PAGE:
Personally, I do not use eye Shields and upper blepharoplasty. Given that the eyelids are closed during this procedure, there is, at least in my mind, no good reason to use them.
In trans-conjunctival blepharoplasty, I routinely use shields to further protect the cornea. If skin tightening requires incisions under the eyelashes, I do not use shields.
In general, what your facial plastic surgeon prefers as his routine and time-proven approach needs to make you comfortable before undergoing eyelid lift surgery.
Eye shields are not absolutely necessary for a blepharoplasty, but they do make the procedure safer. It is like using leg massagers to reduce the risk of leg blood clots. Although not absolutely necessary, and most people do not develop blood clots, if they prevent blood clots in just one patient who could otherwise die from them, they are worth using them. If eye shields prevent just one corneal injury, they are worth using. As an aside, I would also ask about exactly what will be done through the transconjunctival incision. This procedure is only successful if you have minimal excess lower eyelid skin. Many surgeons using this incision simply remove fat through it. Today, this is unacceptable except for young patients with specific congenital excess fat. (These rarely need an upper blepharoplasty.) Modern transconjunctival blepharoplasty technique, instead of removing the fat, repositions it over the bony orbital rim to help hide the tear trough. I would also inquire about whether fat will be removed from the upper lids. Except for occasionally doing so in the most medial pocket, this also has been found to actually age the eyes.
Obviously I can't answer to what your surgeon's preferences are, but if there is any damage to your cornea during the procedure, it would not have happened with eye shields present.
I try to do my surgery and keep the patient safe at the same time. That said, I do not use eye shields during upper or lower blepharoplasties that are done via the skin route. Always use them though for all eyelid surgery done with lasers and with lower blepharoplasties done trans-conjunctivally. However eye shields themselves can scratch the cornea so make sure they are well lubricated to diminish this risk.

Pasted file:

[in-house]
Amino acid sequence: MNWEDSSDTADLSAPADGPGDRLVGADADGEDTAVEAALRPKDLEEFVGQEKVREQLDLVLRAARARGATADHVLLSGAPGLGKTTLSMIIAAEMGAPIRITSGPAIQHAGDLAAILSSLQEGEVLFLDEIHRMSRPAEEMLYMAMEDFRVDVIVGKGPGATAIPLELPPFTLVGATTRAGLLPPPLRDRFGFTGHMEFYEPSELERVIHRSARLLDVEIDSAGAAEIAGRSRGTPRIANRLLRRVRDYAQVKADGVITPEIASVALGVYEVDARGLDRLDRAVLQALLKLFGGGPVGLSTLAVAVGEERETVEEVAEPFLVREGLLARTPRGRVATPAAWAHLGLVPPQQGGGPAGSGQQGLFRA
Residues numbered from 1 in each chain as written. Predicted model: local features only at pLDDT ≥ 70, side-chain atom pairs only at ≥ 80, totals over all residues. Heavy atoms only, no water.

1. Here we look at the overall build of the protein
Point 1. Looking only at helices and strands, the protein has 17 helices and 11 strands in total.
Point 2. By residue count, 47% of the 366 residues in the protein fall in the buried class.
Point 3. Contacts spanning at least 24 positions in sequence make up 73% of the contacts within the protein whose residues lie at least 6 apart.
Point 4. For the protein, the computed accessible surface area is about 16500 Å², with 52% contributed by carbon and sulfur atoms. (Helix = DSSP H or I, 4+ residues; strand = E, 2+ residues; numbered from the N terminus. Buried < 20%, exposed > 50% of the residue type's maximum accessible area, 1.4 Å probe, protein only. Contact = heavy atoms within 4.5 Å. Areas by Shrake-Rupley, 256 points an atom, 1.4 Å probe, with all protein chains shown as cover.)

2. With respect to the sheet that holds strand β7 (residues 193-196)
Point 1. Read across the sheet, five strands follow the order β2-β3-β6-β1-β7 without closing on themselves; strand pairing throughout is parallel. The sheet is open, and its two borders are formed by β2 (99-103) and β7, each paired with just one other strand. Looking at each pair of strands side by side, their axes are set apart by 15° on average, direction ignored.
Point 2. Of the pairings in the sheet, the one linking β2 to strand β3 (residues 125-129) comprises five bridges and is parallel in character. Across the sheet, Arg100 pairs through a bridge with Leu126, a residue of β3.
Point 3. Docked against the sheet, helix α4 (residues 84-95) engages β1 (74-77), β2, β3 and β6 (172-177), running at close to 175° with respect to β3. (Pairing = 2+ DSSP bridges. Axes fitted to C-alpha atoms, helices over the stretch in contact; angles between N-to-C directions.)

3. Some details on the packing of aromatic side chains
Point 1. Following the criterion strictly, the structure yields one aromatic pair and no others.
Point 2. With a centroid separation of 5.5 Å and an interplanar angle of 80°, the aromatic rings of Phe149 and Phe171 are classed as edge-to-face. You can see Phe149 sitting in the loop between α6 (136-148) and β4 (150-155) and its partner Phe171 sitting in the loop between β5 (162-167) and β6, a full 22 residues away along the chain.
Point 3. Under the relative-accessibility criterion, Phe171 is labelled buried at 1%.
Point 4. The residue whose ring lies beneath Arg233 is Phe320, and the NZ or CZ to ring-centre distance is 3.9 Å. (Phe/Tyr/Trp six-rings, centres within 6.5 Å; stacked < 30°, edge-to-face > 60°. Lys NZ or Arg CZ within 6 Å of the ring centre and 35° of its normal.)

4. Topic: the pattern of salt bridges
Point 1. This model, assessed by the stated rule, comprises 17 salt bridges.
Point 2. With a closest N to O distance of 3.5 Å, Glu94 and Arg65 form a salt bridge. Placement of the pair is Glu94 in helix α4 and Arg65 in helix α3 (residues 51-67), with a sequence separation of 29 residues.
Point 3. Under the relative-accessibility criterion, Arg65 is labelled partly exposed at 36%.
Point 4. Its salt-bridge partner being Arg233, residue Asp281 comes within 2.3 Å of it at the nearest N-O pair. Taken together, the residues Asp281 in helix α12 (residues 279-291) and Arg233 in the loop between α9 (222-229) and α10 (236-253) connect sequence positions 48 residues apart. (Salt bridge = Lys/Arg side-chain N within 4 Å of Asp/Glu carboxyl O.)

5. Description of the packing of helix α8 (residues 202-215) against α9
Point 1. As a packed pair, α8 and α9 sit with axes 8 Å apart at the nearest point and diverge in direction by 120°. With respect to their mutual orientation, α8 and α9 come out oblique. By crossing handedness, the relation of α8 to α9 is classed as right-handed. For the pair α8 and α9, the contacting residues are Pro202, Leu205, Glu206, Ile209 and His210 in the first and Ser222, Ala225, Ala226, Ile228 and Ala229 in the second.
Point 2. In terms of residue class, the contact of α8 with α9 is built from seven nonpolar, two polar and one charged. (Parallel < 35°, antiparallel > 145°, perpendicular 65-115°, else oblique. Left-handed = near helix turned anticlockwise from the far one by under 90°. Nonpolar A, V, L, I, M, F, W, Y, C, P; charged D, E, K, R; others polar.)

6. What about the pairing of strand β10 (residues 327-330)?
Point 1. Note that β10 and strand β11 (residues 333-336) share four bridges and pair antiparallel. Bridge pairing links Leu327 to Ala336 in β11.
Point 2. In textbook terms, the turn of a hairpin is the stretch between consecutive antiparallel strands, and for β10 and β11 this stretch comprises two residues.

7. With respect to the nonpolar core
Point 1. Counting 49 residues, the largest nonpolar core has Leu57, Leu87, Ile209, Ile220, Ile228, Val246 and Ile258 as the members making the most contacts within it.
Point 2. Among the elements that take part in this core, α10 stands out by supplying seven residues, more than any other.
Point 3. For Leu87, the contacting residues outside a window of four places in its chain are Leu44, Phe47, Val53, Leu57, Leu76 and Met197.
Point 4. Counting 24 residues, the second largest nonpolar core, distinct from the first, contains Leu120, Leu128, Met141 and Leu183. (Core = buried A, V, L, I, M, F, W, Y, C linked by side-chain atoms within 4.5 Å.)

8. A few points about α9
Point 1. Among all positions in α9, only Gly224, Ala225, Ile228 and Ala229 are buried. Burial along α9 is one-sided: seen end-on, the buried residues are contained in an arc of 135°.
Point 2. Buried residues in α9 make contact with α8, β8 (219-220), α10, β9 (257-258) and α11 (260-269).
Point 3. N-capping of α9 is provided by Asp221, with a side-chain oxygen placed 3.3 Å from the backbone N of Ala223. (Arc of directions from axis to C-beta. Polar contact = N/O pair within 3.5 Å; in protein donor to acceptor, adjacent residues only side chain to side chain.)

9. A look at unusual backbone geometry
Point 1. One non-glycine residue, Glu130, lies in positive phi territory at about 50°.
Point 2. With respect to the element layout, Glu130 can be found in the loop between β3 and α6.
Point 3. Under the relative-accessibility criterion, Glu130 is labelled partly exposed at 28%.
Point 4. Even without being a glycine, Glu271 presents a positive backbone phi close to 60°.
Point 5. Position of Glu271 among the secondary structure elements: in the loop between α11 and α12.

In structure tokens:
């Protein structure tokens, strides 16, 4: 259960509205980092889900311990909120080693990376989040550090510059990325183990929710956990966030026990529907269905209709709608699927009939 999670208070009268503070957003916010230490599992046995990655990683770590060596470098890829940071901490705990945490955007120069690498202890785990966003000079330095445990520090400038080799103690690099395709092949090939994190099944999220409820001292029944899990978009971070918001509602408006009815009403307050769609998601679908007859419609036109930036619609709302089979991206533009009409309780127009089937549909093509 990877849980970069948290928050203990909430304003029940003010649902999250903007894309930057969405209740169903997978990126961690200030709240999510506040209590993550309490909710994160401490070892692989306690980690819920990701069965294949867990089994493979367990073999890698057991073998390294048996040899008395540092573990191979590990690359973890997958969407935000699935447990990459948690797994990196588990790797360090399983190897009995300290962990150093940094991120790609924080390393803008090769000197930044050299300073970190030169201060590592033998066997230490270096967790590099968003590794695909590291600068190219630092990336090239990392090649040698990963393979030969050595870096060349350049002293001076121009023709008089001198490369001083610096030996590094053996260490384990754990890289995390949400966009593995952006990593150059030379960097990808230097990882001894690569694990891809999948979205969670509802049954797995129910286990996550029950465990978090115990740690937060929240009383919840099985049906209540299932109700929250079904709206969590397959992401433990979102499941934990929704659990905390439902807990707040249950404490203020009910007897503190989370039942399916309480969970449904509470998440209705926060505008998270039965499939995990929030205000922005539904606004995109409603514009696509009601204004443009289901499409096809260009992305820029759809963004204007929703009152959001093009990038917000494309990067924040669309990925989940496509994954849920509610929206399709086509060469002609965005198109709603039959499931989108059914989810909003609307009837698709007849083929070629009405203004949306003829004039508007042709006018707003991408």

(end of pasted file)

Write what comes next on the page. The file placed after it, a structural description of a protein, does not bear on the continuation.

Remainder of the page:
Thank you for your question. Even with the greatest care there are many possibilities for eye injury from instrumentation or lasers during eyelid surgery. In my opinion corneal shields should always be used during blepharoplasty surgery.
Shields are absolutely necessary if you're having laser work anywhere close to your eye. In our practice, we do not use eye shields when performing a blepharoplasty. There are too cumbersome and we have actually seen scratches of the cornea even while using them.
For uppers they are not as important as for lowers. With a transconj approach, I would use them with rare exception.
Shields are not necessary after blepharoplasty or most other eyelid surgeries. This provides the ability to perform surgery on both sides and the patient can see and function after surgery. This is different than when having intraocular surgery such as cataracts.
Eyelid surgeons who are not board certified in ophthalmology (e.g. general plastic surgeons, facial plastic surgeons, dermatologic surgeons) are very uncomfortable operating near the cornea surface. They are also uncomfortable placing corneal shields on the cornea. Oculoplastic surgeons are board certified ophthalmologists who are also fellowship trained in eyelid and facial plastic surgery. They are very comfortable working near the eye. They have been extensively trained to perform microsurgery on the eye itself.
Generally a corneal shield is not specifically needed for corneal protection. The reason for this is simple. When performing transconjunctival lower blepharoplasty exposure of the back of the lower eyelid requires the eyelid to be pulled gently away from the eye. Also a retractor called an eye plate (think of a small flat spatula) is coated with opthalmic ointment and placed against the cornea, The plate protects the eye and is also used to move the eye back to make the room necessary, in conjunction with the eyelid retractor, to carry out the surgery. So protection of the eye is built into how this surgery is performed.
Upper blepharoplasty usually does not require a cornea shield because it is considered sufficiently far away from the eye that it is not necessary. However there are situations that change this. Primarily if upper eyelid ptosis surgery is also performed at the time of upper blepharoplasty, a shield may be used to protect the cornea when sutures are being placed in the upper eyelid tarsus.
My personal answer is no but you will likely see different responses here on RealSelf and during consultations. There are strong proponents of either practice and this is often based on training - what our mentors taught us to do, we continue to do. As far as I am aware there are no data or study results to suggest that one practice is superior to another. As with your question on anesthesia, if you trust your surgeon and they are experienced and produce great results, I would recommend following their advice.
Stephen Weber MD, FACS
Denver Facial Plastic Surgeon